Eve Stewart joined us for the Roundtable and she shared about her working with Katie McCamant on a cohousing-inspired affordable housing community called Petaluma Avenue Homes in Sebastopol, CA. The cohousing orientation of this project was influenced by a city planning commissioner who had established incentives for cohousing-specific affordable housing. This points to an advocacy opportunity to educate local planning committees and other affordable housing agencies about the benefits of cohousing.

Unfortunately, Stewart explained how federal regulations such as Fair Housing laws prevent the resident-driven development common in cohousing. Petaluma Ave definitely incorporates many design elements of cohousing – as do many other affordable housing developments—but as rental communities of low income residents, the government regulations make it impossible to require participation in cohousing thus it was offered in the form of a “club”.


Over the years, the cohousing club at Petaluma Ave organized shared meals, cooperative childcare, a fall festival, and most consistently a community garden in the center of the development. However, Stewart said that participation in these cohousing activities has diminished over time aside from the gardening—potentially because of how busy low income residents are.

Jim Leach’s work with Boulder Housing Partners was slightly different in that they did mixed income housing with a certain % of the homes in Wild Sage and Silver Sage being designated as affordable being deed restricted to sell far below market value to those whose income qualified. This allowed the developments to have density bonuses from the city, but did not incur as much limitation as government funded housing developments.

Government Support for Affordable Cohousing

The current paradigm of affordable housing tends to be focused on government policy and funding, and while this can come with prohibitive regulations, it’s beneficial for people interested in developing affordable cohousing to know what’s out there. Also, as in the case of Petaluma Ave Homes educating municipal leaders about the benefits of cohousing can lead to more publicly supported cohousing developments. In general, if you are interested in supporting more affordable housing, reaching out to your city council and planning board is a powerful way to take local action.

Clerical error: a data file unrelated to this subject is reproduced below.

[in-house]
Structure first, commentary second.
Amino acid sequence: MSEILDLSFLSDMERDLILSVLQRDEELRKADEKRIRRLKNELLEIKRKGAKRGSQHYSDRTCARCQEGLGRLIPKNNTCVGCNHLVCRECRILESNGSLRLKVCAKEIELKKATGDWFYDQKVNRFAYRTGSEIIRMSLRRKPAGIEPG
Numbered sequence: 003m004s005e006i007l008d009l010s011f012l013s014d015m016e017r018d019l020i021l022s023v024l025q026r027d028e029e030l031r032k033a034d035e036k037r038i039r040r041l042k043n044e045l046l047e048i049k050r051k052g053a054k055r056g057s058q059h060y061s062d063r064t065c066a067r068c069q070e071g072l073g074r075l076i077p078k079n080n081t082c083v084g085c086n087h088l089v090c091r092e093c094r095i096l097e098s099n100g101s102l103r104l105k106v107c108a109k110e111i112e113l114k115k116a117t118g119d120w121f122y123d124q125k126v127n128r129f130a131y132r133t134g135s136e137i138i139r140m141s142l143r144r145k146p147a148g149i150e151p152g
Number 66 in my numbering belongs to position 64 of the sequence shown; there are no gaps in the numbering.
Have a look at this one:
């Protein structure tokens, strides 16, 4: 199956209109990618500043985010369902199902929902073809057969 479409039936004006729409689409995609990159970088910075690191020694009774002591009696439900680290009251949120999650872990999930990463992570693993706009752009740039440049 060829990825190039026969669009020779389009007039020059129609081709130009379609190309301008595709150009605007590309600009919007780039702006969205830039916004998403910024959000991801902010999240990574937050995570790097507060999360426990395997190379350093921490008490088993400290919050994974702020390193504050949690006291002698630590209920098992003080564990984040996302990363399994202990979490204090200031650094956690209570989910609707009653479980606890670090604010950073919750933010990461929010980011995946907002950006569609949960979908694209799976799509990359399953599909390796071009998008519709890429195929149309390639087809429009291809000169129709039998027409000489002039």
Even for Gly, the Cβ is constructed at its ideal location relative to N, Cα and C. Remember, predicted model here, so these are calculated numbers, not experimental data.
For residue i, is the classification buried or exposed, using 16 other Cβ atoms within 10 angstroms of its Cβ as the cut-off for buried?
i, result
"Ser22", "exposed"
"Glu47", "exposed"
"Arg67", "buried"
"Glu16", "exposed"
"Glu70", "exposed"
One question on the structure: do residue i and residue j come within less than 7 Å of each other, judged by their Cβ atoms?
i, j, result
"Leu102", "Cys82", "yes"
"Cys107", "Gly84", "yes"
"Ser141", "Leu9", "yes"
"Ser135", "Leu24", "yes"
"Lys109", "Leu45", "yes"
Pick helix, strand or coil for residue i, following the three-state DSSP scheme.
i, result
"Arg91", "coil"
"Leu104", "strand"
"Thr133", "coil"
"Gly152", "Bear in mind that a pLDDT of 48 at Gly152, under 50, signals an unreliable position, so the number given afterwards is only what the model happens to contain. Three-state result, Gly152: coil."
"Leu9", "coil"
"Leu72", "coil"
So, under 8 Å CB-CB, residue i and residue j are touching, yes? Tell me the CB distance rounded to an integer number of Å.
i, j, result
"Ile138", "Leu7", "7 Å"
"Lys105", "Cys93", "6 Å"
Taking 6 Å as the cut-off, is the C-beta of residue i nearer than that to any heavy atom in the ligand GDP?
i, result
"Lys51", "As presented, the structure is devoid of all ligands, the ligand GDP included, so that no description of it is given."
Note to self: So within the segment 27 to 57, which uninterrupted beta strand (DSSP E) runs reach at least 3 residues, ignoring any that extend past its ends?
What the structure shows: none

In addition to partnering with existing non-profit developers, another strategy highlighted in the discussion is to look into inclusionary zoning.  If you haven’t chosen a location for your cohousing community, you can reference the Inclusionary Zoning map to identify areas where there would be the most support for developing affordable units. Read more about federal inclusionary housing here.

There were many details of different government programs supporting affordable housing presented on the roundtable. Eve Stewart mentioned the LIHTC national tax credit program, state and local programs, land donations, impact fees, and bond measures. McCamant added to this list local first-time home buyers programs and grants that can often be hard to find.  Jim Leach suggested watching the recording of the virtual conference on Cohousing Affordability available for CohoUS partners in the recording database to dig in deeper into the nuances of what’s possible in navigating government funding for cohousing.

Private Solutions Transcending the For-Profit Housing Paradigm

Sky Blue says “the same reason we are seeking belonging often prevents us from experiencing it”. This can also be said for making housing fair as the high development costs and tendency for home buyers to want to maximize their investment and equity can limit internal funding for affordability. Katie McCamant used the example of Bozeman Cohousing which has broken the mold in this by establishing an internal fund for affordable housing that has also been added to by a local non-profit and the city. That said, every time development costs increase the team has to reconsider whether allocating that funding for affordable units is still their priority.

McCamant says that encouraging cohousing owners to combine their financial decision-making with their values such as wanting to support equity and inclusion is a much needed trend. One example of this she mentioned is the possibility of transgenerational wealth transfer. This is based on the pattern that many first time home buyers do so with the support of their property-owning relatives. McCamant suggests that this could expand beyond family alone, and help to bridge aging home owners without descendants with low income families providing an economic support for the families and social support for the seniors.